Home > The PML-N — a house divided

The PML-N — a house divided

It is time the premie­r put his own house in order, given that just over three years remain for his tenure to end

LAHORE: It is time the prime minister put his own house in order, given that just over three years remain for his tenure to end. Punjab and Khyber-Pakhtunkhwa, once a power base of the PPP under Zulfikar Ali Bhutto and Benazir Bhutto, are today places where the party has been demolished because of failures, greed, corruption and the poor governance of Asif Ali Zardari. The expectations of the population and their awakening have grown because their problems have become more acute. It is this desperation of the people which has reduced the PPP from the sublime to the ridiculous.

Things for the PML-N, however, aren’t looking too good either. In a parliamentary democracy, it is the federal cabinet which should be the forum for debating internal party issues — not press conferences or talk shows. Had the prime minister selected a more responsible and capable team, instead of courtiers, and encouraged incisive debates within the federal cabinet, he would have been spared these frequent embarrassments. He should realise that it is the mediocrity of his team, which, instead of realising the gravity of crises and the intrigues of adversaries within the establishment, is fighting in full public view, rather than delivering together as a team.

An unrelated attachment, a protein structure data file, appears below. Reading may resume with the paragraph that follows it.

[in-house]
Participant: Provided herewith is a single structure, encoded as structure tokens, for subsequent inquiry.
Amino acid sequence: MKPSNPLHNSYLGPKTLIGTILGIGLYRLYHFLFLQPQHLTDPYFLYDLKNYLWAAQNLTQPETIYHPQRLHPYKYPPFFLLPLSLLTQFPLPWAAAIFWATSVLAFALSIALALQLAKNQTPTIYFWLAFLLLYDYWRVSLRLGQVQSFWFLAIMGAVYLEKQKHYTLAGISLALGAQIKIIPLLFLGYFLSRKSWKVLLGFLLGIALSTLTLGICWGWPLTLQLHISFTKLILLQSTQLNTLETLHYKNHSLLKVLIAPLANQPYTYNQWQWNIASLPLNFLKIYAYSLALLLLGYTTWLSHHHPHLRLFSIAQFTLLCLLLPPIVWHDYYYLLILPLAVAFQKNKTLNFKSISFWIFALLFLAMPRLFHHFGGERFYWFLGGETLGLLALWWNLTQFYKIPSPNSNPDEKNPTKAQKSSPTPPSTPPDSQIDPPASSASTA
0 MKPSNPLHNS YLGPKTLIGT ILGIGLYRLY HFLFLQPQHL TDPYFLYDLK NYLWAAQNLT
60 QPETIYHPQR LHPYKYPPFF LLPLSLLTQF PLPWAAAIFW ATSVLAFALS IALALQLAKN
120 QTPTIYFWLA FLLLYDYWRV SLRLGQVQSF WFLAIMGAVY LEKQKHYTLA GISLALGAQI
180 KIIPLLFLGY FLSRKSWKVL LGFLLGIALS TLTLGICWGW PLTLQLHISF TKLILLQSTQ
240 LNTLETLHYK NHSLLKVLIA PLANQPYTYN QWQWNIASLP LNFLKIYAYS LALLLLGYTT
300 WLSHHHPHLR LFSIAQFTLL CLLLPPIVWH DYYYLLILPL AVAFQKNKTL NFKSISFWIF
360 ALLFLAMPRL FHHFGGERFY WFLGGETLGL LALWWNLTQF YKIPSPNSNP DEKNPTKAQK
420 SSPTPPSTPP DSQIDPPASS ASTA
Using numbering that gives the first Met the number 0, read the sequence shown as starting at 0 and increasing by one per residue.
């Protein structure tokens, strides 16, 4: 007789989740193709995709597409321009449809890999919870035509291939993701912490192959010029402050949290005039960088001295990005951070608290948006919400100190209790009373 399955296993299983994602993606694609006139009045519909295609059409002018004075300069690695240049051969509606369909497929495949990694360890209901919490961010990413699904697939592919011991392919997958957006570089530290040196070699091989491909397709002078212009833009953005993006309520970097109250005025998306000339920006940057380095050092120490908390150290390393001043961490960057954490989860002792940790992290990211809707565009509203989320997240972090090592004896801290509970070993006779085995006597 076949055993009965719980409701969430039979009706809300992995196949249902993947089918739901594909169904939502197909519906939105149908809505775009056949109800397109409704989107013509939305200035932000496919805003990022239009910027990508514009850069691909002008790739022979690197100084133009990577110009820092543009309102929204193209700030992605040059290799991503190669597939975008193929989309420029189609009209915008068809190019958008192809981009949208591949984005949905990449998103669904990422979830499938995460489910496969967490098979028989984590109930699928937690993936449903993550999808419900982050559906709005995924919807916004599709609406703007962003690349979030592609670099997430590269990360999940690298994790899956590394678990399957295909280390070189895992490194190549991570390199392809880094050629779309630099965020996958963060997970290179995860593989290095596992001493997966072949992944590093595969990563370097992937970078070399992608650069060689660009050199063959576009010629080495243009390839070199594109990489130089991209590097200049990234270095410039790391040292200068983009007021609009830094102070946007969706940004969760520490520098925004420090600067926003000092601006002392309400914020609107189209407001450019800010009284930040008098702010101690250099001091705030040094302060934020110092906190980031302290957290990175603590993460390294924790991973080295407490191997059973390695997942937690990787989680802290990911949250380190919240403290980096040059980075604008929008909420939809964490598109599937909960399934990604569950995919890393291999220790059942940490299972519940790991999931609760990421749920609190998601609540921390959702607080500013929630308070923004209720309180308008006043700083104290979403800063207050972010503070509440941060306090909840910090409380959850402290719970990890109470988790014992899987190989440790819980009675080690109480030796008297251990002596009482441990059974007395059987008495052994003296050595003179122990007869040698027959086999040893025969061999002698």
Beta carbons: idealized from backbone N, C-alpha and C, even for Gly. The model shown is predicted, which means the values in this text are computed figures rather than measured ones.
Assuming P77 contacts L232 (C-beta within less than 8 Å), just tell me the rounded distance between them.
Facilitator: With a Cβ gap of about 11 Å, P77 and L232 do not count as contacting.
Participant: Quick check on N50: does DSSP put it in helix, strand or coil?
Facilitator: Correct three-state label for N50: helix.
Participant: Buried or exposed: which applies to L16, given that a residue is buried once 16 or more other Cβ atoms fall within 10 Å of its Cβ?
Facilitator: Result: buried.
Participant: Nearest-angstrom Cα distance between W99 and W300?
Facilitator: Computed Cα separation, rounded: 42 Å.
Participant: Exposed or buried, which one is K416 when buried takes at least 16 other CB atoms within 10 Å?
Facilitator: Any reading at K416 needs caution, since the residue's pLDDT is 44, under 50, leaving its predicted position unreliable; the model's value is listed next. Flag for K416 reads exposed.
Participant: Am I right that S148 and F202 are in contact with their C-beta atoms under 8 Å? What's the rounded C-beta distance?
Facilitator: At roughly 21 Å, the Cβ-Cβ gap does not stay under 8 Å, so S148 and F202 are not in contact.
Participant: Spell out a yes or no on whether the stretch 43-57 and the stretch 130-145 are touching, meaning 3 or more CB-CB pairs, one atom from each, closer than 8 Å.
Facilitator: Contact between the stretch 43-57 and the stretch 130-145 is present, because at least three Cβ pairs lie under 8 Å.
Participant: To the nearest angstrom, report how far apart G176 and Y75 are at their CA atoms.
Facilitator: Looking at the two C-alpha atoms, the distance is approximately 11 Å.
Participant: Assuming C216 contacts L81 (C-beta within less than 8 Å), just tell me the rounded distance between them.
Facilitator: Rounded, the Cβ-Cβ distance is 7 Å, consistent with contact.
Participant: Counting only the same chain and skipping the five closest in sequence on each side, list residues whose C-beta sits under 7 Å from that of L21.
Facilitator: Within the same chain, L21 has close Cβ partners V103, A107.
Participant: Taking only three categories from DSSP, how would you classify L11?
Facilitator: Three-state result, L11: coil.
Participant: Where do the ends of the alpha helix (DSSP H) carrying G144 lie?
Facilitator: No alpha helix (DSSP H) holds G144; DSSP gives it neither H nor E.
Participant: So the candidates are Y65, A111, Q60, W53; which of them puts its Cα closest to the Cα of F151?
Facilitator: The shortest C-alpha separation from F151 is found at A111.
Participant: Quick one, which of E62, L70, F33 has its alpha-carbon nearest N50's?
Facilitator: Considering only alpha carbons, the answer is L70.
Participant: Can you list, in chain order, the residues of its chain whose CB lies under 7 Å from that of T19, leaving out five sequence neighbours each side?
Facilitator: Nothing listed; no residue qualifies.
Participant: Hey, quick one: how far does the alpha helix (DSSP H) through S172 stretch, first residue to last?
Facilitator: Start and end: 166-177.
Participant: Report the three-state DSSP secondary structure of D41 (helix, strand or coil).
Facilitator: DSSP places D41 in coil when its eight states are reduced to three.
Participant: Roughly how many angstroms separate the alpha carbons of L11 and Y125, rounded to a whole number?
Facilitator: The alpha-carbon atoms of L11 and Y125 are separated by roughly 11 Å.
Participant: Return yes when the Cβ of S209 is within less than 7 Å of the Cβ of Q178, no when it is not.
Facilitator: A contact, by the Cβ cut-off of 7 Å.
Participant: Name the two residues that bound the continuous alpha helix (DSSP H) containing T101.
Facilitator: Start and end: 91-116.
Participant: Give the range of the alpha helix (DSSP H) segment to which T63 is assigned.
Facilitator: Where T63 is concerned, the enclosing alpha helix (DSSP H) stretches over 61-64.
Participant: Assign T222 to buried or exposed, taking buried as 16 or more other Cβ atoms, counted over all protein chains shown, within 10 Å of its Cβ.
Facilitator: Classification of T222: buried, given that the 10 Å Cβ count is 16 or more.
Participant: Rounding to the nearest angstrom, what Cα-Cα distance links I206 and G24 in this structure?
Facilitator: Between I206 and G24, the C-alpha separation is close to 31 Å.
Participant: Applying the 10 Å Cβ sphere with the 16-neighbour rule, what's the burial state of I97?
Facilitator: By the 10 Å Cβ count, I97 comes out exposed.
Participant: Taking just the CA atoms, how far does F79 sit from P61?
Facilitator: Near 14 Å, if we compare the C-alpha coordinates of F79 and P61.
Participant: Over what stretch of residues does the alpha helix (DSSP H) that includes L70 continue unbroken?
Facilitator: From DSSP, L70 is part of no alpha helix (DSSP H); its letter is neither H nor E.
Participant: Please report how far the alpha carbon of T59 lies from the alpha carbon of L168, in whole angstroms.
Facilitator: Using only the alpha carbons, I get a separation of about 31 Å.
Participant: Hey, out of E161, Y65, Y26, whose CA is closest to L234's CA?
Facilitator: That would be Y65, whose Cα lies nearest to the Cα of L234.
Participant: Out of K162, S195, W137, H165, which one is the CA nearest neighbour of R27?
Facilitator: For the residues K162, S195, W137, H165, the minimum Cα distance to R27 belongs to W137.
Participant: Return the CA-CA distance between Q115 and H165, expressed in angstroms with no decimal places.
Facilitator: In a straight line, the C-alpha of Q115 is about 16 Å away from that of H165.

The prime minister must focus on achieving the targets set by him in 2013. One of his relatives in Faisalabad seems to have gone berserk, little realising that had his family not been patronised on the basis of kinship, no one would have heard of it on the political stage. Improvements in the Pakistan Railways could have been greater if the minister concerned had focused on his assignment instead of his personal real-estate business. Another federal minister could not resist the temptation of running his private airline while in office, resorting to unfair practices to make a few crores by fleecing the public when PIA pilots went on strike. State-owned enterprises, driven to losses by PPP cronies, have further deteriorated because the PML-N has failed to appoint men of integrity and competence to head them. The Nandipur project, initially stalled by the PPP, has failed to progress despite billions poured into it. It is the PML-N that chose the team to head this entity. The buck stops at the prime minister’s table in a parliamentary democracy, and he should be held responsible for his failures if he is to receive credit for his achievements.

Malik Tariq Ali

Published in The Express Tribune, October 19th, 2015.

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